1 1, ' R St ' I , an i relyin g ent ' rely up ° n
° f my 0 ®' . d l upln * tha
1 past l t hree yearafo 5 efficle ? cy an <»
! P Th ln f dlscharse of < lutiea
! f nd «»any improvements effected
* ! n * ie accounting methods employed
jin supervising the fiscal affairs of
'the state.
"While the office is purely admin
istrative and not macn in the lime
light or on dress parade, having lit
tle to do with shaping state policies,
yet it is one of the most important
offices in the state. It is the state's
clearing house, through which pass
es, in some form, all transactions in
volving the receipt and expenditure
of all moneys received by or paid out
of- the treasury, and the system of ^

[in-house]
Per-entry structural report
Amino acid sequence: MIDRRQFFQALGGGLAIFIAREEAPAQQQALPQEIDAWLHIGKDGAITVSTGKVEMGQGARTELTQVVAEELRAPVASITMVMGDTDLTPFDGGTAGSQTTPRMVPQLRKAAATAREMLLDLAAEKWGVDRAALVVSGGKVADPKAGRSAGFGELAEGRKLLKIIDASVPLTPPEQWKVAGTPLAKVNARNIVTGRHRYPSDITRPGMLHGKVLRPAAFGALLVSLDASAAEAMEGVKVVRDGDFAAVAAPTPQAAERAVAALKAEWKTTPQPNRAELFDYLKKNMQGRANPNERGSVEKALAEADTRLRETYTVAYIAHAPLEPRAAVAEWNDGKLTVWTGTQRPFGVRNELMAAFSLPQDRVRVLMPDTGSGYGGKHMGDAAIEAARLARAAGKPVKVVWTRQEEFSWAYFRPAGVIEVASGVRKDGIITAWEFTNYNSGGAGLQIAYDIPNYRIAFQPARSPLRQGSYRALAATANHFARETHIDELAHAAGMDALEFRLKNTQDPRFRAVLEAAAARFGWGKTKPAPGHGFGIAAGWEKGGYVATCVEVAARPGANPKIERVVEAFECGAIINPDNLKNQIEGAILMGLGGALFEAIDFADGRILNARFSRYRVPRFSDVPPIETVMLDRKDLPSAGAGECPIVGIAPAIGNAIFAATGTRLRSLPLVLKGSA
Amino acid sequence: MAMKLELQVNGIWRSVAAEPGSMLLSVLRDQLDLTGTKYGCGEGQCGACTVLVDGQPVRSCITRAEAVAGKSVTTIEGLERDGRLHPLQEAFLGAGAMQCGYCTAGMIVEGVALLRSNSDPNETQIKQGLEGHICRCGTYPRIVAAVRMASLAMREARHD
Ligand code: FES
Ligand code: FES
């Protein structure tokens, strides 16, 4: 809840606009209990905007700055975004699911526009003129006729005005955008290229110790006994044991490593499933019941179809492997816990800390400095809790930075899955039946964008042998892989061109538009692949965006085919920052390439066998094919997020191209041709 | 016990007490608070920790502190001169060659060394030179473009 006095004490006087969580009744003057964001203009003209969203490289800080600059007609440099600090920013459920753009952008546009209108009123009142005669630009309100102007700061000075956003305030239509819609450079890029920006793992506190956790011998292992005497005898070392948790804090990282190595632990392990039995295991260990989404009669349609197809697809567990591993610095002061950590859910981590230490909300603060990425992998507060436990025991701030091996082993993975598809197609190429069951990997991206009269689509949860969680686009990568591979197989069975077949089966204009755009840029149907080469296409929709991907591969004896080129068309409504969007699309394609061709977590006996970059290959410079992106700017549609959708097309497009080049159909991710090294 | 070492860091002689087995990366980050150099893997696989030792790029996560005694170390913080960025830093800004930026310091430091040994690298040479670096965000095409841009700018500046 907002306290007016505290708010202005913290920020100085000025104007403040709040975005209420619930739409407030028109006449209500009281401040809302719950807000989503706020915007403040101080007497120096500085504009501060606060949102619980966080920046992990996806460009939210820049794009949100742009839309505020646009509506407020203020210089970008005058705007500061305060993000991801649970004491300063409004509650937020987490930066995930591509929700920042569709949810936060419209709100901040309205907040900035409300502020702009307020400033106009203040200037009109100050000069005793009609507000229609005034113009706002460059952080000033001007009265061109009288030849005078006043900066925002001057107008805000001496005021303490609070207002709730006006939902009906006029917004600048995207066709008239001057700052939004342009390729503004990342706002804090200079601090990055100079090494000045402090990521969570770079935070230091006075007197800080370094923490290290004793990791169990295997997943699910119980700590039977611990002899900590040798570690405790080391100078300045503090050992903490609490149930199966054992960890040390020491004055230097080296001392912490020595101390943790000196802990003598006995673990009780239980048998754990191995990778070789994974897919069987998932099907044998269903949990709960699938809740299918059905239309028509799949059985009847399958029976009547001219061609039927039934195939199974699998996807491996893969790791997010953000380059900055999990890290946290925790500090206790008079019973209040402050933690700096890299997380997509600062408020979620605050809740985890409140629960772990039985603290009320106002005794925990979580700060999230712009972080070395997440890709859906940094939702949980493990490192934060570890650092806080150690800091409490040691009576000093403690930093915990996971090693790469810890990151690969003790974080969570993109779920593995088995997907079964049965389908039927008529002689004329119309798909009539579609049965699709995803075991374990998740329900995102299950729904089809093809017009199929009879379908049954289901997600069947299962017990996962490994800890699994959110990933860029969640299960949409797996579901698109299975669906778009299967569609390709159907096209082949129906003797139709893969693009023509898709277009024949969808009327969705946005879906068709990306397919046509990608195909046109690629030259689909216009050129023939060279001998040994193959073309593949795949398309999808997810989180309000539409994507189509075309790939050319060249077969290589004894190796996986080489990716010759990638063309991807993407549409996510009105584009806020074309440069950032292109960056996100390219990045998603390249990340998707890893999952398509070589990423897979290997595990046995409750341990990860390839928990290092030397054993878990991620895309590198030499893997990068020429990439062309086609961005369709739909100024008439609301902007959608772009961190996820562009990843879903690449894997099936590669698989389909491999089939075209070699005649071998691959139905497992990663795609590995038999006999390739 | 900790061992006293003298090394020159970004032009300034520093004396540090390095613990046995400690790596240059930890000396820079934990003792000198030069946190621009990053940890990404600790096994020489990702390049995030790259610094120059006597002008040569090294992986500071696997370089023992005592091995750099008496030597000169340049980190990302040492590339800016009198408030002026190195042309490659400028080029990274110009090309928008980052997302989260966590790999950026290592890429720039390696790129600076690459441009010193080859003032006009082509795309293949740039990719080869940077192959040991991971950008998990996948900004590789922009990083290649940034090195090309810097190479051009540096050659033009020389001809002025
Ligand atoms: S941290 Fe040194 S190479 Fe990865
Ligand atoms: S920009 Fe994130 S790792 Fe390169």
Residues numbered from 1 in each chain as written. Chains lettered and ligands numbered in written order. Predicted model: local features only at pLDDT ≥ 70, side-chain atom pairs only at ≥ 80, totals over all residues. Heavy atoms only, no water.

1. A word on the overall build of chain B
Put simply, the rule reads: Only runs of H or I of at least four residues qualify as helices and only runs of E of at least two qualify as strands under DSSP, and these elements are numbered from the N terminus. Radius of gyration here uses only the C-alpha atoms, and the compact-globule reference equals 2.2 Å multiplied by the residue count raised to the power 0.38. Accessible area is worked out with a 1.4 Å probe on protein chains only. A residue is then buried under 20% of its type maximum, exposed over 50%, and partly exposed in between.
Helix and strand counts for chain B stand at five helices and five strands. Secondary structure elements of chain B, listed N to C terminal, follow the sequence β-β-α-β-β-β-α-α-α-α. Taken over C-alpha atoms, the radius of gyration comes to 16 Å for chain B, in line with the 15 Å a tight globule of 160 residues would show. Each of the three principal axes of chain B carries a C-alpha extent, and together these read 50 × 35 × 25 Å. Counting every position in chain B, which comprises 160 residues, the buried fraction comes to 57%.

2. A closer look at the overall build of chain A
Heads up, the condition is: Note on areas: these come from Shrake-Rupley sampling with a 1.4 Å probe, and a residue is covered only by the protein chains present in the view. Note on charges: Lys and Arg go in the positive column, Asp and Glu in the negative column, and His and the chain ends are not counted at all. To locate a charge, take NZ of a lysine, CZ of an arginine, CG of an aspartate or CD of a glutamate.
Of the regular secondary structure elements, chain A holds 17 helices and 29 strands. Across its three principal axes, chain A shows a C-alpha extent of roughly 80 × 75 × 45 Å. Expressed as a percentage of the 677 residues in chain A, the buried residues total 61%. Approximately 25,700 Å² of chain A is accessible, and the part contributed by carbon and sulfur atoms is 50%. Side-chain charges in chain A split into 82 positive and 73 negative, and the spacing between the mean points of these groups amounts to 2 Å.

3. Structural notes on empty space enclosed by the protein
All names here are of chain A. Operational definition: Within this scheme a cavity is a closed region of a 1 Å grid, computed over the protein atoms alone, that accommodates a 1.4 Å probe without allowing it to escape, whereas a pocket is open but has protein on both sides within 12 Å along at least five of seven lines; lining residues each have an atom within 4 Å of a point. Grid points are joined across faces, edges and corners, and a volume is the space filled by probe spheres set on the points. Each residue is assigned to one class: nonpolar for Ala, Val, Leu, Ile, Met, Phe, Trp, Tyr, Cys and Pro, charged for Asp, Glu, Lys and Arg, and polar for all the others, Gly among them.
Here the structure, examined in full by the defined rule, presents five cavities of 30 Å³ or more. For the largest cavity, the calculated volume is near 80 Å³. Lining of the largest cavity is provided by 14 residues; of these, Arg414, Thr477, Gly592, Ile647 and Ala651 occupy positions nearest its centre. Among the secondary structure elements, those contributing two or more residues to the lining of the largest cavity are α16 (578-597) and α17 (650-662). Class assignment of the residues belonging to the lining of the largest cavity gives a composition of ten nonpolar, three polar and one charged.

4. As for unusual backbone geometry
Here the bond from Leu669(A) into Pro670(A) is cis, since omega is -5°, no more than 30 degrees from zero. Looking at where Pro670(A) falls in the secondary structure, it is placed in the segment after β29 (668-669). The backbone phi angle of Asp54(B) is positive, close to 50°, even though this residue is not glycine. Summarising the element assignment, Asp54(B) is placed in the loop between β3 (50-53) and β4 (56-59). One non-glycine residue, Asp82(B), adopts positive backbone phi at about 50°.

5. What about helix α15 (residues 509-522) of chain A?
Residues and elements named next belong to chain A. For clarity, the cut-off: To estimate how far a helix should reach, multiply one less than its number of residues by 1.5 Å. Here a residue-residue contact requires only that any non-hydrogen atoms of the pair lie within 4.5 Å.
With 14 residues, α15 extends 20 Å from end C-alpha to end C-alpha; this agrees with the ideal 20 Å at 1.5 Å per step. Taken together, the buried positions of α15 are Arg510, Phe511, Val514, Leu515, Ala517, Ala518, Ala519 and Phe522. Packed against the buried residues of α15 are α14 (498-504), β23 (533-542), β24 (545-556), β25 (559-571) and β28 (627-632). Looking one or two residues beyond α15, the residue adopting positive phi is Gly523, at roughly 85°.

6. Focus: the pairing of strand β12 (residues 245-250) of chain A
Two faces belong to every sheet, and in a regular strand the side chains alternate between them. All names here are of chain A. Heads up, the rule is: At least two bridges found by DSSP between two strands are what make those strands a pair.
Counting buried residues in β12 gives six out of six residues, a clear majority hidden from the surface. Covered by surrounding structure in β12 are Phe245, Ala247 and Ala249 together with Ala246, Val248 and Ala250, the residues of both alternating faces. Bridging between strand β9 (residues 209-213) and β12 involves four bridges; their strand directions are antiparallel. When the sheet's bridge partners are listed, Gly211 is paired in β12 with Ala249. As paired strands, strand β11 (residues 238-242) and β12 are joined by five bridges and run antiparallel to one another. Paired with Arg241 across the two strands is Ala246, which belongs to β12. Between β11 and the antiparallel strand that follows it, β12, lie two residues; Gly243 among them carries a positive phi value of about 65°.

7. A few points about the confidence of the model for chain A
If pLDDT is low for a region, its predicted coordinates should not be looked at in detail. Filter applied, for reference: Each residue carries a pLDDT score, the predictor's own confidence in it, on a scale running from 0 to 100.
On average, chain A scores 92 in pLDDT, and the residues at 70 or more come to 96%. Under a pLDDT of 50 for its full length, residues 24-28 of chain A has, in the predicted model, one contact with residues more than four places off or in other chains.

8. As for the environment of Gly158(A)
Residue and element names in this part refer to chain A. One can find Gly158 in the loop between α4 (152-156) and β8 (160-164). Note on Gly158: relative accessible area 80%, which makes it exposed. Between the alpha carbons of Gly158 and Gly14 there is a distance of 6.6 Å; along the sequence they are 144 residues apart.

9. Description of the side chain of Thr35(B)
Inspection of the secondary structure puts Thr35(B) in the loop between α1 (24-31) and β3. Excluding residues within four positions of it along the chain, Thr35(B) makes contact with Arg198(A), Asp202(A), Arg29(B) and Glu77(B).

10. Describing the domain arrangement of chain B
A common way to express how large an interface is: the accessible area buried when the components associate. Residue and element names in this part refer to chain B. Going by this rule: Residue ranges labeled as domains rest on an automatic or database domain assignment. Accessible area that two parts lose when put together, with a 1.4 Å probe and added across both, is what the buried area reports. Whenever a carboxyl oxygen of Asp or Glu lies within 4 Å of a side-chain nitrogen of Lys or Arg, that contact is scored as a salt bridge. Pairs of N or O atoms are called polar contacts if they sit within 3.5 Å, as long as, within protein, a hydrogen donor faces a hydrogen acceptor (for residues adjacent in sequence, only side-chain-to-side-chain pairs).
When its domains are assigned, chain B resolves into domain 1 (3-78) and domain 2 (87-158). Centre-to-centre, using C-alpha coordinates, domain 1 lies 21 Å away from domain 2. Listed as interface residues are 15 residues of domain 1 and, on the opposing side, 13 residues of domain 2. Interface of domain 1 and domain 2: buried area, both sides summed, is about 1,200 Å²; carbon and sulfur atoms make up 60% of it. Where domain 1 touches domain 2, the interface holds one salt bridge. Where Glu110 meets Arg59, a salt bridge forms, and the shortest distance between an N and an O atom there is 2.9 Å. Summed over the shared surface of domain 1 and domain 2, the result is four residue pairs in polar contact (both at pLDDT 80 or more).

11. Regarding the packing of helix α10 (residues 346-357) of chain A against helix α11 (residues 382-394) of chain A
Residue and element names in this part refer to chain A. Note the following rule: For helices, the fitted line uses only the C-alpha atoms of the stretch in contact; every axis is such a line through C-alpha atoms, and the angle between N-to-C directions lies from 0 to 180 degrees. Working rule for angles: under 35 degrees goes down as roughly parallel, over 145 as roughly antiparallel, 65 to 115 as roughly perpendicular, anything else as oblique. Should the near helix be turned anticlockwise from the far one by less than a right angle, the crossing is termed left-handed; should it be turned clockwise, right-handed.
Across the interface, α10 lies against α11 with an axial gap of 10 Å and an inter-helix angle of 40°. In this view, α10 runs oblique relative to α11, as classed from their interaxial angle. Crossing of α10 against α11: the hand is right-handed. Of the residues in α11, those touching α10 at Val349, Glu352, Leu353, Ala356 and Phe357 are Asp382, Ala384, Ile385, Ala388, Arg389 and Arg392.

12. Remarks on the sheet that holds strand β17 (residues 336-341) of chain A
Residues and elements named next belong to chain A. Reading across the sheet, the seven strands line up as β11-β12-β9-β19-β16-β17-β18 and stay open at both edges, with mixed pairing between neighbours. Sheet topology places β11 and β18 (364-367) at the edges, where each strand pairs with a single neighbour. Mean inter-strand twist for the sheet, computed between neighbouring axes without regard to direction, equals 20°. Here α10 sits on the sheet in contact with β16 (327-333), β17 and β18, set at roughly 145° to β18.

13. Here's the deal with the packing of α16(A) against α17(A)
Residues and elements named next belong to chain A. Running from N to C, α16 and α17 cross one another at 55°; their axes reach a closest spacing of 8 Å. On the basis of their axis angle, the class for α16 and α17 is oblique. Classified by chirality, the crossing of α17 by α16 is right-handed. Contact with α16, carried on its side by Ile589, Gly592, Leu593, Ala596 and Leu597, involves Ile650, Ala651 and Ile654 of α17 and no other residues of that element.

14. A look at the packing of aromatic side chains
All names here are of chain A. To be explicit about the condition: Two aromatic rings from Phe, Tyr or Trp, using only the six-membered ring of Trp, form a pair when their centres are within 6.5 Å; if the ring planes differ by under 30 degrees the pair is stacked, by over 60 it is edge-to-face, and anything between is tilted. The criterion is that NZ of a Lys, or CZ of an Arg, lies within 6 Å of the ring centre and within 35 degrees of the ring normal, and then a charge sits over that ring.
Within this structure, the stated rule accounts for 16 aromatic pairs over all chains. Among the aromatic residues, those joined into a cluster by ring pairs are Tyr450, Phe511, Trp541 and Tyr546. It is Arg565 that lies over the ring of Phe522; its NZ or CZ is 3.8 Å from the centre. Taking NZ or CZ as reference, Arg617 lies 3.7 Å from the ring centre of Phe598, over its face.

accounts installed during my incum
bency in office insure an accurate
and complete accounting thereof. It
is not the province of the state aud
itcsr to suggest passage of laws rela
live to matters affecting the welfare
and interests of the people of the
state, except possibly in so far as
requiring reports of official transac
tions regarding the nandiittg of mon
ey is concerned, nor to advocate the
amendment or repeal of such laws a*
be found Incapable of enforce
ment or detrimental to the major
portion of the people, if any such
aw B there are.
es
of
of
a
I
j
I "These are matters entrusted to ,
j the law making bpdy chosen by the 1
'electors of rhe state, viz: the Iegis- *
! lature. and this body can usually be,
I; depended upon to enact into the sta-j
, tutes, laws that will carry into ef
feet the wishes of the constituents. >
^
"If the conduct of my office has
been such a- to commend me to the